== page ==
(2) The quality of the online service is directly tied to how well the game will sell. If you screw up ( I'm talking from the company's exposure analysis, not trying to slam you) on the server side, and people know it, they won't buy the game.
Worst case scenario, the site goes dead after three months, everyone grabs their already opened boxes, and takes them back to Electronics Botique and demands a refund. Electronics Botique gives them store credit and demands credit from the publisher. Now the publisher ends up taking a hit on something that they thought was closed out and profitable. Gamers will also hold the publisher responsible for years to come even if they had nothing to do with it. I know at least Activision's SEC filings lists returned products/retailer relations as one of the risks of the industry right up there with missing the Christmas window.


Back to the client. I don't think that a website is the only way to get copies out. One is OEM channels. A hardware company comes out with a new product and tries to manufacture a market for it, and bundles software to show it off. One of the ways companies are trying to sell DSL(which I just got, downloaded the Kingpin demo in 25 minutes) and other broadband services is Online Gaming. If you get US Robotics to throw the game in with their DSL modem, it'll get delivered straight to people who want to see what this puppy can do. You might even be able to get a few bucks.

Does anyone out there know how the deals go for the Demo CD's that get thrown in with Game Mags? Are publishers paying for the privilage, or do the Mags negociate for exclusive rights? I imagine a little bit of everything goes on but what is more prevelant?

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Ive yet to do demo CD for mags, but Ive been asked a couple of times (normally just bad timing). They didnt ask for any kind of exclusivity or money for it. I didnt talk to PC Gamer or some of the other bigger ones though, they might...

-Geoff

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If a publisher was going to front several million on an online game it would be the developer who would be scrounging for a share of the online biz. The publisher would grab almost all of it. There is no publisher in this universe who would do otherwise. To think otherwise is to simply dream.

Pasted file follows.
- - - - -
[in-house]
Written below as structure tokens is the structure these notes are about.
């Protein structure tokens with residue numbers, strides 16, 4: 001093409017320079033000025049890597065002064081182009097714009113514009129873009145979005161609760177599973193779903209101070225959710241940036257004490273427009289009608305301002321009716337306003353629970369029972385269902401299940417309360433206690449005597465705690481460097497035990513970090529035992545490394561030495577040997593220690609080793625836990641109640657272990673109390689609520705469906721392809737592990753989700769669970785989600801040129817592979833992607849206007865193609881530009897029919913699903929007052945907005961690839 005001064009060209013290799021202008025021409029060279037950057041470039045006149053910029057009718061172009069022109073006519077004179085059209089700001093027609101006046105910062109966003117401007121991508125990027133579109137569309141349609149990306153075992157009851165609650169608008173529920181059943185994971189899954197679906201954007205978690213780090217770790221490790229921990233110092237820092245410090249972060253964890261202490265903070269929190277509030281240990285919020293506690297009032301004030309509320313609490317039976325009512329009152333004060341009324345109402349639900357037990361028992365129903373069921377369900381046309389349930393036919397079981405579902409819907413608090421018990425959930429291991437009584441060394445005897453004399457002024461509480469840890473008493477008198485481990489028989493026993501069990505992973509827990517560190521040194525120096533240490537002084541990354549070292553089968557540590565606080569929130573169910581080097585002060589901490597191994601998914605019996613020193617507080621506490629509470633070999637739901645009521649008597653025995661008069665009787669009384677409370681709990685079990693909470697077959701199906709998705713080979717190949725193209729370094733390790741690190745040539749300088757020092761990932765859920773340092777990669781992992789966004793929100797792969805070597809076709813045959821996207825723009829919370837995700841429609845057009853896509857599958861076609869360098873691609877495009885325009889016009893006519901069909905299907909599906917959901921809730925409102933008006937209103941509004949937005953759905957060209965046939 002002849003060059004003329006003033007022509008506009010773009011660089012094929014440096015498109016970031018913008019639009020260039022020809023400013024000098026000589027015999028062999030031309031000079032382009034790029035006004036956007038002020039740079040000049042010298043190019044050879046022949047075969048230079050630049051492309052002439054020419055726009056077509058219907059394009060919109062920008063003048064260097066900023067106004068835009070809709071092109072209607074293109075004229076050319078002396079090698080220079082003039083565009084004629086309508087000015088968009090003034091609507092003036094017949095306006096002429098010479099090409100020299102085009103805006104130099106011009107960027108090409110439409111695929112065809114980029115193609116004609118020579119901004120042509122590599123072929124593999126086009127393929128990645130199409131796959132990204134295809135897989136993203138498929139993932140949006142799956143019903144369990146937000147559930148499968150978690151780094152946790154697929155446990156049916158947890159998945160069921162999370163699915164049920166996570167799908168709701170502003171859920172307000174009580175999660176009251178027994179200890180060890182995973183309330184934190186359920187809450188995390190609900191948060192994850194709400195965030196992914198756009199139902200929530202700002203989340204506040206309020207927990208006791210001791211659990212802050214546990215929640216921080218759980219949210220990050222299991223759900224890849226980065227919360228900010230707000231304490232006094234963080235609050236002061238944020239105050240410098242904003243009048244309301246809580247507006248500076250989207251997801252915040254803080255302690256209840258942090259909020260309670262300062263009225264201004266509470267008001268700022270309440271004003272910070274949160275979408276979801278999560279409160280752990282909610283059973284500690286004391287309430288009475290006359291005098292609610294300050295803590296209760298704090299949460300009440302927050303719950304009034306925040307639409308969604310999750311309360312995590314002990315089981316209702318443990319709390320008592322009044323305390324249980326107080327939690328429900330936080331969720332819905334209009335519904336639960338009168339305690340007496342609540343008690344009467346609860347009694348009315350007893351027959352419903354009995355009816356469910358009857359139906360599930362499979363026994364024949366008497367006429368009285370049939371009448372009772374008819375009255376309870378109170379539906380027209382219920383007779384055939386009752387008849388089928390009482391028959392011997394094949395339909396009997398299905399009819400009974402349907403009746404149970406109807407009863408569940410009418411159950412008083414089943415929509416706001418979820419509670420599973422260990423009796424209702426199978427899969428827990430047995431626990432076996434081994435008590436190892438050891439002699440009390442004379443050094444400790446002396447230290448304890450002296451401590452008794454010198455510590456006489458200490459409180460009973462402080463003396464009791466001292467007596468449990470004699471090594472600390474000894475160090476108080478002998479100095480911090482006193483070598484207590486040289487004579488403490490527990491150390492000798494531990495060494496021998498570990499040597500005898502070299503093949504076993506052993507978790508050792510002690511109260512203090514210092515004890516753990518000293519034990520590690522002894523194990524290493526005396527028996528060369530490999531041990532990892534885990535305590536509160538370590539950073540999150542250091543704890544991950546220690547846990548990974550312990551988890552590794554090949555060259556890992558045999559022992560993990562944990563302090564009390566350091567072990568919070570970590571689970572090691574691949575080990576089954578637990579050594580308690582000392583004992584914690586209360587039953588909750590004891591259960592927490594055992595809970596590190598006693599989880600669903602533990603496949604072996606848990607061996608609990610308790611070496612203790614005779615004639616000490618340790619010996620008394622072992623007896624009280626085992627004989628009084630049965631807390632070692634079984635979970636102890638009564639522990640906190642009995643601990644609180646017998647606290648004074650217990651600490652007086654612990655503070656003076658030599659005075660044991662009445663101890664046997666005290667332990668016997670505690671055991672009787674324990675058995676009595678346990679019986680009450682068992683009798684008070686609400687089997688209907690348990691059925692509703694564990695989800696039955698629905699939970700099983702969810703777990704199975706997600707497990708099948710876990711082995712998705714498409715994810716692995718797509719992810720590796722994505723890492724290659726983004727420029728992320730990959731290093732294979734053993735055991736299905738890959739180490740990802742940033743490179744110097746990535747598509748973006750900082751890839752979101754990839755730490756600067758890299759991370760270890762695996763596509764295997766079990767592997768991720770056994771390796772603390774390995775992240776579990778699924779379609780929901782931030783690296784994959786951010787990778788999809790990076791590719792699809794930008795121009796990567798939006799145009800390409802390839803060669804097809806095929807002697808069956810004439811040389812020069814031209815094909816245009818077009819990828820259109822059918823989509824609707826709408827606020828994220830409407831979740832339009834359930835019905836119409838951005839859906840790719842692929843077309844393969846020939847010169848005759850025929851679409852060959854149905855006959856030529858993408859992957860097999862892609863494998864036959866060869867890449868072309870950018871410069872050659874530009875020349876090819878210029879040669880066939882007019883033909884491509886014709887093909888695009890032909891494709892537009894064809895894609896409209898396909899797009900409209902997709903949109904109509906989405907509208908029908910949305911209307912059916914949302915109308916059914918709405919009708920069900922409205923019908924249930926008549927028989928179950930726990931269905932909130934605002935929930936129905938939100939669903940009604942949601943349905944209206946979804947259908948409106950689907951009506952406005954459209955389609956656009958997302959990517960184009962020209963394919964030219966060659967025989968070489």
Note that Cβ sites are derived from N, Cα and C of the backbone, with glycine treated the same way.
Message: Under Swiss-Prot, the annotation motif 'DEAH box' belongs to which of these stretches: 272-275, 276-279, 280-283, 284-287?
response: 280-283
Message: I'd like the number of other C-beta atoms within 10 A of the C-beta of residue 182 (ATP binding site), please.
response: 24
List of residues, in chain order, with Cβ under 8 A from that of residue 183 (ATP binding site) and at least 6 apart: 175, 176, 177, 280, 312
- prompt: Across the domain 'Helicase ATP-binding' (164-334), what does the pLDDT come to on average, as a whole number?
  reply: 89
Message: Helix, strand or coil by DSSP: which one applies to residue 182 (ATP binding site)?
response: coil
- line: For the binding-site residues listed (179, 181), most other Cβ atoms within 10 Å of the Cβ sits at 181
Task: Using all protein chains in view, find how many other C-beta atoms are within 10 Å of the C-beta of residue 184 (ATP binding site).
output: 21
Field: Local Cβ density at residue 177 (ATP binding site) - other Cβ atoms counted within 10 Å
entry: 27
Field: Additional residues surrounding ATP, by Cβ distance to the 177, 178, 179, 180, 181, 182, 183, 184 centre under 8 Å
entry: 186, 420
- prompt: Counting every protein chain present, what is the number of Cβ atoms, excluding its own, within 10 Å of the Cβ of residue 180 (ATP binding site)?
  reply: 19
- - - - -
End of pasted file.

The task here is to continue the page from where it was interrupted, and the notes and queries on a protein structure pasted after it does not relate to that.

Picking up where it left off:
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While I would agree with you, that if the publisher funded the development of the game they would want the online business. Seeing that I am only going to use a publisher to put boxes on shelves and to market the game, I figure the profits earned from the boxes should be enough to satisfy a publishing agreement. Since single player games have no online revenue, I have to assume that the profits off boxed sales have been enough in the past.

I plan on approaching the publisher with a completed game. This should eliminate all other revenue streams the game might bring in as accessible to the publisher. Beliefs aside, should a car manufacturer get a piece of my pizza delivery revenue because I used the car to do it. No. Same principle here. If they don't pay for it, they don't get access to the profits from it.

If the publishers are as powerful as you say they are, then I can get the software out to the players over the internet and skip them all together. The project is not dependant upon boxed sales royalties.

Kressilac

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Derek Licciardi

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I wouldnt believe any publisher would go into an online game without getting their normal take (most of it) on the online revenue as well. Otherwise they will tell you to do it yourself.

You may be better off giving the client for free, and just charging for the subscription if you want to retain your control.

-Geoff

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Assuming your getting this business plan togeather for investors, it's possible they'll want a bigger cut than a publisher. A Venture Capitalist is going to want equity in the company, and even a 'Rich Doctor/Lawyer' expects +20/30 from the relatively risk-free stockmarket, so they have very high expectations for something they can actually lose all their money on.

An actual Venture Capitalist (simplistically) invests in 10 high risk companies fully expecting 9 to go belly up. So the company that does succeed needs to return at least 10x the original investment to break even. At that point they still haven't seen a profit. The only way they'll get that kind of payback is stock or other ownership. (It's alot like investing in Junk Bonds.)

Investors are still reasonably warm on Internet, so I'd push that (there's a running joke that Amazon isn't losing enough per quarter to invest in.)